The quantity of spray that evaporates is related to the quantity of the spray deposit. Evaporation is greater from the same deposit in small droplets than in larger drops because the small droplets have greater surface area relative to their volume. Less pesticide gets to the target (Figure 1).
Evaporation increases the drift potential, so spray during lower temperature and higher humidity conditions. Pesticides differ in their evaporation rate. Use formulations and adjuvants that reduce evaporation.
As a rule of thumb, if the relative humidity is above 70 percent, the conditions are ideal for spraying. A relative humidity below 50 percent is critical enough to warrant special attention.
• Spray Thickeners: Some spray adjuvants act as spray thickeners when added to a spray tank. These materials increase the number of larger droplets and decrease the number of fine droplets. They tend to give water-based sprays a ?stringy? quality and reduce drift potential. Droplets formed from an oil carrier tend to drift farther than those formed from a water carrier. Oil droplets are usually smaller, lighter and remain airborne for longer periods, but don’t evaporate quickly.
All nozzles produce a range of droplet sizes. The small, drift-prone particles cannot be eliminated but can be reduced and kept within reasonable limits. Here are some tips:
- Select low or nonvolatile pesticides.
- Read and follow the pesticide label. Instructions on the pesticide label are given to ensure the safe and effective use of pesticides with minimal risk to the environment. Each pesticide is registered for use on specific sites or locations. Surveys indicate approximately 65 percent of drift complaints involved application procedures in violation of the label. Apply a pesticide only if economic thresholds warrant an application.
- Use spray additives within label guidelines. This will increase the droplet sizes and pesticide effectiveness.
- Use larger orifice sizes. This will give larger droplets and increase the number of tank refills, but will improve coverage and effectiveness.
- Avoid high pressure. High pressure creates finer droplets; 45 PSI should be considered maximum for conventional broadcast spraying.
- Use drift-reduction nozzles. They will produce larger droplets when operated at low pressures.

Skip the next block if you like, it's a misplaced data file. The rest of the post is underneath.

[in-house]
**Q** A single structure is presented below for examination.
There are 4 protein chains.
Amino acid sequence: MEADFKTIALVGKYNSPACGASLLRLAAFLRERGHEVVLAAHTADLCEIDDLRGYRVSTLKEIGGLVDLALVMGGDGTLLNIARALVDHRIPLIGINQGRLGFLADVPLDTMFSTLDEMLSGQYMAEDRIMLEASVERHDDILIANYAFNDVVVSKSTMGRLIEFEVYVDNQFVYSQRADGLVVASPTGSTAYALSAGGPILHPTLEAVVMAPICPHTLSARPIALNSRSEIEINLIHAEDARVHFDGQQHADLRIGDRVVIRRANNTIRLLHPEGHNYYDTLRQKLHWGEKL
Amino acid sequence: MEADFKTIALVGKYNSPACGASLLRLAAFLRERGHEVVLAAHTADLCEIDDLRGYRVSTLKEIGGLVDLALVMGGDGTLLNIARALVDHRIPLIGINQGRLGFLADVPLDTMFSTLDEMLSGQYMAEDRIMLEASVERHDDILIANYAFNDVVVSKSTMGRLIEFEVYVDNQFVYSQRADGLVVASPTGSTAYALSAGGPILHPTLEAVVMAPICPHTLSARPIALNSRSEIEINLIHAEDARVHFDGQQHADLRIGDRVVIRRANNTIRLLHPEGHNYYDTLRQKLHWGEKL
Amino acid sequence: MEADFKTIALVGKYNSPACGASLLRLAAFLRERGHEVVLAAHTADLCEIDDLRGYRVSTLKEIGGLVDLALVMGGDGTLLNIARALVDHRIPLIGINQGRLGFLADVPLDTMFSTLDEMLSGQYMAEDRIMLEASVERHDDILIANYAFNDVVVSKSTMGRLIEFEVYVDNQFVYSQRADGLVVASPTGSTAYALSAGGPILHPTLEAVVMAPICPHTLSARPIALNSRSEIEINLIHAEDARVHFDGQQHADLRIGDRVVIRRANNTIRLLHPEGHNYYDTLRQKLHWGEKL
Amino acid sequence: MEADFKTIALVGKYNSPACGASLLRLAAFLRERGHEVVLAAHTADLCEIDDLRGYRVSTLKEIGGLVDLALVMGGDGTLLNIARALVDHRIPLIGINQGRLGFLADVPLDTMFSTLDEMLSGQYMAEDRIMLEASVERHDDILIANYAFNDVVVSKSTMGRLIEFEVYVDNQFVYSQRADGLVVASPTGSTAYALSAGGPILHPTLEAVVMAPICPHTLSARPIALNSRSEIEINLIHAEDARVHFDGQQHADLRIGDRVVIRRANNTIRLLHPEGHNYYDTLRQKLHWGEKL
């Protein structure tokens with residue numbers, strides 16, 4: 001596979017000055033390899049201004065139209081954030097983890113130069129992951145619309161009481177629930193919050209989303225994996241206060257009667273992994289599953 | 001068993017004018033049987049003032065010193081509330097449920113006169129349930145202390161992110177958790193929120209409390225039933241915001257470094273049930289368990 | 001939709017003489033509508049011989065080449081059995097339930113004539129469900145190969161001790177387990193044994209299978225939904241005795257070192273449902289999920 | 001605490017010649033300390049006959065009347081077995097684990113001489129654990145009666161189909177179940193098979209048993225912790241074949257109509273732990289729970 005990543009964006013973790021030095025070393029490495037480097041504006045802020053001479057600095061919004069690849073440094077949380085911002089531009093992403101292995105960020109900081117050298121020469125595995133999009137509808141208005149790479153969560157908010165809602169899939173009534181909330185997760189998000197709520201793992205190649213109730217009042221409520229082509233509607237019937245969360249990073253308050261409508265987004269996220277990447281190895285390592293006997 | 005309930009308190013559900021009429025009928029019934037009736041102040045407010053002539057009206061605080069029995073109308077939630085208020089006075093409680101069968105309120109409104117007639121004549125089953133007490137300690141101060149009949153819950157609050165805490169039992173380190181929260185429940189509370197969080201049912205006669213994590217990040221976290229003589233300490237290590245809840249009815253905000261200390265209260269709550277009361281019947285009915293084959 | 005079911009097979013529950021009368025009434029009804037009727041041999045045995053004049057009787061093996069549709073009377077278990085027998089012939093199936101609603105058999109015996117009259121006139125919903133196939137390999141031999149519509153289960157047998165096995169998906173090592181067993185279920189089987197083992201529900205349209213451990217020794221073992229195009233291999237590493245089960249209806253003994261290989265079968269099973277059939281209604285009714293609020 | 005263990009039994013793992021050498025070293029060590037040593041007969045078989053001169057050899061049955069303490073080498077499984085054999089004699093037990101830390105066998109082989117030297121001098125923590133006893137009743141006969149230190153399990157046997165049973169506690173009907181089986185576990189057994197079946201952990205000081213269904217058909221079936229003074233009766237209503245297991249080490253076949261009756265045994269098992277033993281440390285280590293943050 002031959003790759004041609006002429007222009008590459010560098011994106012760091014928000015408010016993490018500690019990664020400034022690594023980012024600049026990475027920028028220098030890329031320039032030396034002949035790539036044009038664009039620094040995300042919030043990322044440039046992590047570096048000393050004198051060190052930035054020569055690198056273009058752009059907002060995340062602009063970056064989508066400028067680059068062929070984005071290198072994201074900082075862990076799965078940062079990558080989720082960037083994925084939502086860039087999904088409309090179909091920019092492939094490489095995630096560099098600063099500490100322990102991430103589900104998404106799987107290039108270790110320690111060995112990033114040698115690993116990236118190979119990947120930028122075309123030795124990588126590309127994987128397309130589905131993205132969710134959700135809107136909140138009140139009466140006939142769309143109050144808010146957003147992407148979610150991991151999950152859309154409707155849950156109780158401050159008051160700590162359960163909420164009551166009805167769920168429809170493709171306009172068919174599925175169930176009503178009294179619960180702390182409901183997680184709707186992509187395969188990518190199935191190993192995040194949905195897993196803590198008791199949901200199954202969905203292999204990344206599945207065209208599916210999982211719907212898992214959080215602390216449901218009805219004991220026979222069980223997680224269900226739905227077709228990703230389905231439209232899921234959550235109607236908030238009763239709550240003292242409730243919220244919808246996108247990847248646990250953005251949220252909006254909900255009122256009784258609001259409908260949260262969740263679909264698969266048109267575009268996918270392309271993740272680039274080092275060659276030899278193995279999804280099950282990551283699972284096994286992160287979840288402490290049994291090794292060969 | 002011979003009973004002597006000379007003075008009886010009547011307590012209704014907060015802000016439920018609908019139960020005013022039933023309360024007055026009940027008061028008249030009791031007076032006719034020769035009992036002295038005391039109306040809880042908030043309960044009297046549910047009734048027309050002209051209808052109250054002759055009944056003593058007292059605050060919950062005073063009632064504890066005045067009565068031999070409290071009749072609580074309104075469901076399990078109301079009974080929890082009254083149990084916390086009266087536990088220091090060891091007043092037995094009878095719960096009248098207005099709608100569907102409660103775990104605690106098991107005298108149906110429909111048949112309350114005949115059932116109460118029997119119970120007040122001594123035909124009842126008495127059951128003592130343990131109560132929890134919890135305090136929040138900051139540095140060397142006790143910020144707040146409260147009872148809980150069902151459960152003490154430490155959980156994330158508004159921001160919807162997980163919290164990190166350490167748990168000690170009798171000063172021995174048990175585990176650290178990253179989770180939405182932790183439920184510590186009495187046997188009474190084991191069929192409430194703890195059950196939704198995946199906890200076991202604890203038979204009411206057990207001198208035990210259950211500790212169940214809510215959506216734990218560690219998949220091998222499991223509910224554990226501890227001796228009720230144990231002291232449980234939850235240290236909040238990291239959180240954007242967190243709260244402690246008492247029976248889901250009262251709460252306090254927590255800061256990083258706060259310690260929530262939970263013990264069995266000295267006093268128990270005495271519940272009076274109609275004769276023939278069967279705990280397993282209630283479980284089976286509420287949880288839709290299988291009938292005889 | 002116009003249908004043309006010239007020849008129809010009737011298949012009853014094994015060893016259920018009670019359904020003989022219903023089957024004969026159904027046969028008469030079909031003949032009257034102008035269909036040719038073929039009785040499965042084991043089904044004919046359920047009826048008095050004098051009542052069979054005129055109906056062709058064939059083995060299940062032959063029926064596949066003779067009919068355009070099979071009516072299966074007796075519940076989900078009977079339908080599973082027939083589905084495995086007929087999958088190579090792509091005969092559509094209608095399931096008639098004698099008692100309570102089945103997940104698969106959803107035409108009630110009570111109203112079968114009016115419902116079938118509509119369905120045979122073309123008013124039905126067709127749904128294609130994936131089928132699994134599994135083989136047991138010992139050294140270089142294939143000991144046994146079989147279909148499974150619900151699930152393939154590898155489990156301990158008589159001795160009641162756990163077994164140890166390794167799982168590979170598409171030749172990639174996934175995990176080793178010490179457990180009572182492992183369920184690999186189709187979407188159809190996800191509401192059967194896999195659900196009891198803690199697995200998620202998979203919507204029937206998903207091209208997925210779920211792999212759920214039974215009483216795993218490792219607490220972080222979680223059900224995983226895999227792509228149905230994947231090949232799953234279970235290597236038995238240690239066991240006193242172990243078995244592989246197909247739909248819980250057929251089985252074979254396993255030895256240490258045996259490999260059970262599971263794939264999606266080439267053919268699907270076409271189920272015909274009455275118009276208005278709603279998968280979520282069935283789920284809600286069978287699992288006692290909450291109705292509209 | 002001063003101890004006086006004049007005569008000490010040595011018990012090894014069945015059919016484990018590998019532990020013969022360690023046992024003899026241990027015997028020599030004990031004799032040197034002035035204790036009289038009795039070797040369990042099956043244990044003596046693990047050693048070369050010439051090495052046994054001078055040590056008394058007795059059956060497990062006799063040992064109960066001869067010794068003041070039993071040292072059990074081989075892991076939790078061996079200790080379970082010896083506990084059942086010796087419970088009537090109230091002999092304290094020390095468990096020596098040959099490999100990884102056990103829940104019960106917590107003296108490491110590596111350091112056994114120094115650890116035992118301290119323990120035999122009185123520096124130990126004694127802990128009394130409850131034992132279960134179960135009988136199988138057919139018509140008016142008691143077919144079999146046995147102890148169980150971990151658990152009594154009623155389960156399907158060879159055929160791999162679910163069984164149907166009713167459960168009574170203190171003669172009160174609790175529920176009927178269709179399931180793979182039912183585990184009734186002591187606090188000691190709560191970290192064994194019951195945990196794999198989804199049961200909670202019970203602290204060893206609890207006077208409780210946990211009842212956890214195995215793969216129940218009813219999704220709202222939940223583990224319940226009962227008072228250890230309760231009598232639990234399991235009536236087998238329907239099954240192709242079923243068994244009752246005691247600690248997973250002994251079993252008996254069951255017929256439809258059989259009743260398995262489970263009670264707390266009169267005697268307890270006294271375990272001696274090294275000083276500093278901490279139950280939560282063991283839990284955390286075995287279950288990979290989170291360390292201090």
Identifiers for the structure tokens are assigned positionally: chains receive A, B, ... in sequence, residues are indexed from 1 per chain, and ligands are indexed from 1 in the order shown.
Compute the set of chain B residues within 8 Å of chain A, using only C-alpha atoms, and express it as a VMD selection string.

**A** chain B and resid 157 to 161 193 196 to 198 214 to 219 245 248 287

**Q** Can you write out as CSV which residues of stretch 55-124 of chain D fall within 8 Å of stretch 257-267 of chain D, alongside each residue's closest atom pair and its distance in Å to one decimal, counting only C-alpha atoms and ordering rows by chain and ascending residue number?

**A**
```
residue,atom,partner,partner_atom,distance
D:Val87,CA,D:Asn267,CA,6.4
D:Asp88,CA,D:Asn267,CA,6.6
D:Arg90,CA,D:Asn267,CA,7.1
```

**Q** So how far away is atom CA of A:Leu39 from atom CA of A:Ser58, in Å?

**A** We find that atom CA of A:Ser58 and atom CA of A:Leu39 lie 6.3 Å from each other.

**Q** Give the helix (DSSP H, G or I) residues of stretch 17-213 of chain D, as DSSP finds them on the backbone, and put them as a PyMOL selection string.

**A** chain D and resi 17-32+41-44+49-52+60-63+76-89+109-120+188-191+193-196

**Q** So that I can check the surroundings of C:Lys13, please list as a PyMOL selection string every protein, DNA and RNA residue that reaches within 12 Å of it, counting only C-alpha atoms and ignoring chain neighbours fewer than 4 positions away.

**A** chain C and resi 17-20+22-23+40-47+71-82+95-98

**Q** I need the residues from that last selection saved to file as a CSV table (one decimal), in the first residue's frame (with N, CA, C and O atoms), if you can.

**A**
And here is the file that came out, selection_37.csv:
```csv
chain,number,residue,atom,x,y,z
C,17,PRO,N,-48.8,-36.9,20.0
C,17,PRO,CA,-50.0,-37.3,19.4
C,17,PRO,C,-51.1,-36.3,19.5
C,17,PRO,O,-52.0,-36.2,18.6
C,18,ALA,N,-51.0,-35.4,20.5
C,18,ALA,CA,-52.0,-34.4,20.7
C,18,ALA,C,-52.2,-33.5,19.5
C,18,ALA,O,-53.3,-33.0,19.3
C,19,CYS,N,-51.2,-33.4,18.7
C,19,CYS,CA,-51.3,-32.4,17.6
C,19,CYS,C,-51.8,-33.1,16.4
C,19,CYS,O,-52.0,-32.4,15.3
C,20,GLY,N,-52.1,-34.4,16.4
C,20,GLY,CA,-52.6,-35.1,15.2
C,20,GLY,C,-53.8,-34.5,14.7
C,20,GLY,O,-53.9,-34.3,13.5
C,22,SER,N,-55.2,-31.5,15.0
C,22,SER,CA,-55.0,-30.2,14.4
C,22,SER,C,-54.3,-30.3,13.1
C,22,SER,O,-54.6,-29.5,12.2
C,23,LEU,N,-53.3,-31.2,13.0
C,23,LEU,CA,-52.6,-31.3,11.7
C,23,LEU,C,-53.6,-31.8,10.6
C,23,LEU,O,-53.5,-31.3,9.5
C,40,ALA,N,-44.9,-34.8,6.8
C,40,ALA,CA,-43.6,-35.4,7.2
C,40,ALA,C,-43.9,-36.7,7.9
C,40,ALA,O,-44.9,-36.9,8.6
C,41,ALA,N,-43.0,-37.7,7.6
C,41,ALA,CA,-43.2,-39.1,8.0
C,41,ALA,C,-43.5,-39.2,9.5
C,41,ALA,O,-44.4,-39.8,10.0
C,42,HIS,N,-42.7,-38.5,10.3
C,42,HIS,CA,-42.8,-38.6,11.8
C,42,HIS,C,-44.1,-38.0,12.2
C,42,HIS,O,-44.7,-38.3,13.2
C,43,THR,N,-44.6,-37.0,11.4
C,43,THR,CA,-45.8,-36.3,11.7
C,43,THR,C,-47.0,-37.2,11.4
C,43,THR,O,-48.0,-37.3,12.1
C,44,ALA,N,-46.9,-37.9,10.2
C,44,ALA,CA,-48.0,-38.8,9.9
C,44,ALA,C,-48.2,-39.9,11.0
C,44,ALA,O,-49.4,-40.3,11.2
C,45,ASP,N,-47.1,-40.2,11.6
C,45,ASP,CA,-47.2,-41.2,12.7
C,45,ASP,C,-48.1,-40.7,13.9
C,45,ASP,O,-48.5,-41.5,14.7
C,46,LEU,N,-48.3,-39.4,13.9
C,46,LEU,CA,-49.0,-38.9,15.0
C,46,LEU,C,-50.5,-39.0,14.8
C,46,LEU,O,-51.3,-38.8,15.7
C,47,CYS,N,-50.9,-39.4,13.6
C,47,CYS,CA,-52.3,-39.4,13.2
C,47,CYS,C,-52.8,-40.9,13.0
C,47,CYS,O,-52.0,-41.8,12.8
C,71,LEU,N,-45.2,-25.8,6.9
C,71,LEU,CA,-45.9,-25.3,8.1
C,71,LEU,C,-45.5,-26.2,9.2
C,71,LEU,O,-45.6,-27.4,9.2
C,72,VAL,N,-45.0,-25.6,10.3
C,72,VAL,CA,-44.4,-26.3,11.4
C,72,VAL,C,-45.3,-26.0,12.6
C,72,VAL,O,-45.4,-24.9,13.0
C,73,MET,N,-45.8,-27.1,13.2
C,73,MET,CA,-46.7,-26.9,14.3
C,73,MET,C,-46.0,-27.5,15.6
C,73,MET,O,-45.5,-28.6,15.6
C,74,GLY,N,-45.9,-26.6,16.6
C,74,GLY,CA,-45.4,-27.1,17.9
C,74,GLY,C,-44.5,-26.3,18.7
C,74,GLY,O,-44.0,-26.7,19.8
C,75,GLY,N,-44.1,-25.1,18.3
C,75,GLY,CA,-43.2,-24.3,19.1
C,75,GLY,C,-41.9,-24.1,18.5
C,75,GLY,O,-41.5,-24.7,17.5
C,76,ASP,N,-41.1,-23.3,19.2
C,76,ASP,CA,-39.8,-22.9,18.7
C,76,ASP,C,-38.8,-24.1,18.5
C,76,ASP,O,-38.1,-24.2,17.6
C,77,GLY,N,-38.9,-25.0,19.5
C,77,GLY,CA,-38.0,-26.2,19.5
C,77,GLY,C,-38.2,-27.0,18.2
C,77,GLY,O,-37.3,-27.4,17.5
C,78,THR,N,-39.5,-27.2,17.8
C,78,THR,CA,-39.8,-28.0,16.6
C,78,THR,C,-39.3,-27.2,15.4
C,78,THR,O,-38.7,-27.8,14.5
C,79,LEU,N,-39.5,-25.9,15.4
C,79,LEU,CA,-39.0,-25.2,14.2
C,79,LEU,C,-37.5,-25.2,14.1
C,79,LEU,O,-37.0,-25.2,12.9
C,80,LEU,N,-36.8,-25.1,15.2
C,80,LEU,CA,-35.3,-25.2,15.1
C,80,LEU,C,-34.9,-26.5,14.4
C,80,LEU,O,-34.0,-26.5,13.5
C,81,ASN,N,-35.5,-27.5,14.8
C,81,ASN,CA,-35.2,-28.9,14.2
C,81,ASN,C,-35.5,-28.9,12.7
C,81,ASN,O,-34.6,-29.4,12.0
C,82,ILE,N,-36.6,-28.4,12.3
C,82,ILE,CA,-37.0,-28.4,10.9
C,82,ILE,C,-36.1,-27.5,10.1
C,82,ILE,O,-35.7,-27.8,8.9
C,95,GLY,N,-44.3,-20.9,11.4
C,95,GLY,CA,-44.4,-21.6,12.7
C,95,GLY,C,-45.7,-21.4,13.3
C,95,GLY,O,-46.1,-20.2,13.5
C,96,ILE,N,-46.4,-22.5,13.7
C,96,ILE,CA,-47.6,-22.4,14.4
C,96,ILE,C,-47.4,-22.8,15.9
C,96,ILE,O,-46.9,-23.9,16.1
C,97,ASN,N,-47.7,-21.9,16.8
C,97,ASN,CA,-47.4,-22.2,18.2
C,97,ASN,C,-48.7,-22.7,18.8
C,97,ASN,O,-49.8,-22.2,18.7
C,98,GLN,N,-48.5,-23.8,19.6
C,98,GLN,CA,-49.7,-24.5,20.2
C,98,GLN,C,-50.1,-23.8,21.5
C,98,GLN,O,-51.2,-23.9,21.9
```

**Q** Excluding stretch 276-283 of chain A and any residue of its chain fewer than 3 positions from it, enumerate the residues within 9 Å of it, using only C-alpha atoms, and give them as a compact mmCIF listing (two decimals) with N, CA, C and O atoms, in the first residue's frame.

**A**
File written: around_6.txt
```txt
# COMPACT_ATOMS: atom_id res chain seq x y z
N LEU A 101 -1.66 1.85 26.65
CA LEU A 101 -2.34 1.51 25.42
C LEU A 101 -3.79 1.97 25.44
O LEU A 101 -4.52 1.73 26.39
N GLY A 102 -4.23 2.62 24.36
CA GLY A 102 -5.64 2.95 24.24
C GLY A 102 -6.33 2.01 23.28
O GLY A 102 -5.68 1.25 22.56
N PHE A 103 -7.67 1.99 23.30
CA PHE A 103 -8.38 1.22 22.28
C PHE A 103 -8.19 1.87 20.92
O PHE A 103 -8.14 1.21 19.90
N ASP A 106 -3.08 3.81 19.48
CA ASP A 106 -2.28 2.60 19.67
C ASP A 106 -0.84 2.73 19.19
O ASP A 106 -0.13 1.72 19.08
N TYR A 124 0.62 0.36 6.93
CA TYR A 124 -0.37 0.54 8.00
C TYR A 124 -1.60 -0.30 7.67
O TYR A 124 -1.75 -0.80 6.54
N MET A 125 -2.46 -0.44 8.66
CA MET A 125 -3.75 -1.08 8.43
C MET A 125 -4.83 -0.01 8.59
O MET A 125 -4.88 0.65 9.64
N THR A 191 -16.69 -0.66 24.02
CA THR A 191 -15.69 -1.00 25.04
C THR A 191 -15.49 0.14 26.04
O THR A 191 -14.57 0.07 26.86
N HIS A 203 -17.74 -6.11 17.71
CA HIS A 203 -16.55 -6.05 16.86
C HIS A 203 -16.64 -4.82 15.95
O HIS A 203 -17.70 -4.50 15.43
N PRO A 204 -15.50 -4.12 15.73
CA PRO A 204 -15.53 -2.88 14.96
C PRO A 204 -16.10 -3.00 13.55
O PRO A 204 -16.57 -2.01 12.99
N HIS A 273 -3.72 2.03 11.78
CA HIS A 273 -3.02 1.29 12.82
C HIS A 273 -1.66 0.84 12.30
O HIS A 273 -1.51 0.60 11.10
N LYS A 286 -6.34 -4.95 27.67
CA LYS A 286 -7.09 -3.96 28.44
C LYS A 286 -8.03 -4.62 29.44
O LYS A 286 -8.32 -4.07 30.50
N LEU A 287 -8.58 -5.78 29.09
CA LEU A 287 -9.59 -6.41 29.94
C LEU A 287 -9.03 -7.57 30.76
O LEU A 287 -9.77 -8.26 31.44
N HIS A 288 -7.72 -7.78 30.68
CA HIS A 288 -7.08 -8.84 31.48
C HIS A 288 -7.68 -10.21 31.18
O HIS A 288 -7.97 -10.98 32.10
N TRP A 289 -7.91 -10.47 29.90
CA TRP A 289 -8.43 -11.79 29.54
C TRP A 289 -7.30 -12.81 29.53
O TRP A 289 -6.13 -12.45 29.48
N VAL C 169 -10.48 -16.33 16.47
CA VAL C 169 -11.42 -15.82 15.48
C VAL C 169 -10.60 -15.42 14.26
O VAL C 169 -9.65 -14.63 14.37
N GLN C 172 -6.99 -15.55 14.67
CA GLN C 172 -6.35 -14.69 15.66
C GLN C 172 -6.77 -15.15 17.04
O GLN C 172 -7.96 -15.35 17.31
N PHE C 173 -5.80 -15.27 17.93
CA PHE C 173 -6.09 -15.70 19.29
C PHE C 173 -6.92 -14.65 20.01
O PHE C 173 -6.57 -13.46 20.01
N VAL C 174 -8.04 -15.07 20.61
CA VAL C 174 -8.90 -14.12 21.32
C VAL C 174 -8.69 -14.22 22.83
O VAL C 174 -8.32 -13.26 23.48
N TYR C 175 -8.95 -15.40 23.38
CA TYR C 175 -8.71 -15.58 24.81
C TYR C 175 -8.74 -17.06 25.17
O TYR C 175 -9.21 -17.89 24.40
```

- Use wide-angle nozzles, low boom heights, and keep the boom stable.
- Drift is minimal when wind velocity is under 10 mph. Do not spray when wind is greater or blowing towards sensitive crops, gardens, dwellings, livestock or water sources.
- Use shielded booms. When banding, use shroud covers.
Elliot, J.G. and B.J. Wilson, editors. 1983. The influence of weather on the efficiency and safety of pesticide application. The drift of herbicides. Occasional Publ. No. 3. BCPC Publs., Croydon, England.
Hansen, G., F.E. Oliver and N.E. Otto. 1983. Herbicide manual, a water resources technical publication. U.S. Government Printing Office, Denver, CO.
Hartley, G.S. and I.J. Graham-Bryce. 1980. Physical principles of pesticide behavior. Vol. 1 Academic Press Inc., New York, NY.
Haskel, P.T., editor. 1985. Pesticide application: principles and practice. Oxford Univ. Press, New York, NY.
Hofman, V., H. Kucera and M. Berg. 1986. Spray equipment and calibration. North Dakota State University Extension Service Circular 13-AGENG 5-3. North Dakota State Univ., Fargo, ND.
Matthews, G.A. 1979. Pesticide Application Methods. Longman, Inc., New York, NY.
Pearson, S. 1989. Don’t get my drift. In: Grounds Maintenance 25(1): 32, 36, 38.
Ross, Merrill A. and Carole A. Lembi. 1985. Applied Weed Science. Burgess Publishing Company, Minneapolis, MN.
Spraying Systems Company. 1990. TeeJet Catalog 42, Agricultural Spray Products. Wheaton, IL.
Spraying Systems Company. 2007. TeeJet Catalog 50, Agricultural Spray Products. Wheaton, IL.
16 ounces = 1 pound = 453.6 grams
1 gallon water = 8.34 pounds = 3.78 liters
1 fluid ounce = 2 tablespoons = 29.57 milliliters
1 tablespoon = 3 teaspoons
16 fluid ounces = 1 pint = 2 cups
8 pints = 4 quarts = 1 gallon
3 feet = 1 yard = 91.44 centimeters
16.5 feet = 1 rod
5,280 feet = 1 mile = 1.61 kilometers
320 rods = 1 mile
9 square feet = 1 square yard
43,560 square feet = 1 acre = 160 square rods
1 acre = 0.405 hectare
640 acres = 1 square mile = 1 section
88 feet per minute = 1 mph
1 mph = 1.61 km/hour
27 cubic feet = 1 cubic yard
1 cubic foot = 1,728 cubic inches = 7.48 gallons
1 gallon = 231 cubic inches
1 cubic foot = 0.028 cubic meters
Common abbreviations and terms:
FPM = feet per minute
GPA = gallons per acre
GPH = gallons per hour
GPM = gallons per minute
MPH = miles per hour
PSI = pounds per square inch
RPM = revolutions per minute
VMD = volume median diameter
Reference to commercial products or trade names is made with the understanding that no discrimination is intended of those not mentioned and no endorsement by University of Nebraska–Lincoln Extension is implied for those mentioned.
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Index: Pesticides, General
Issued September 2007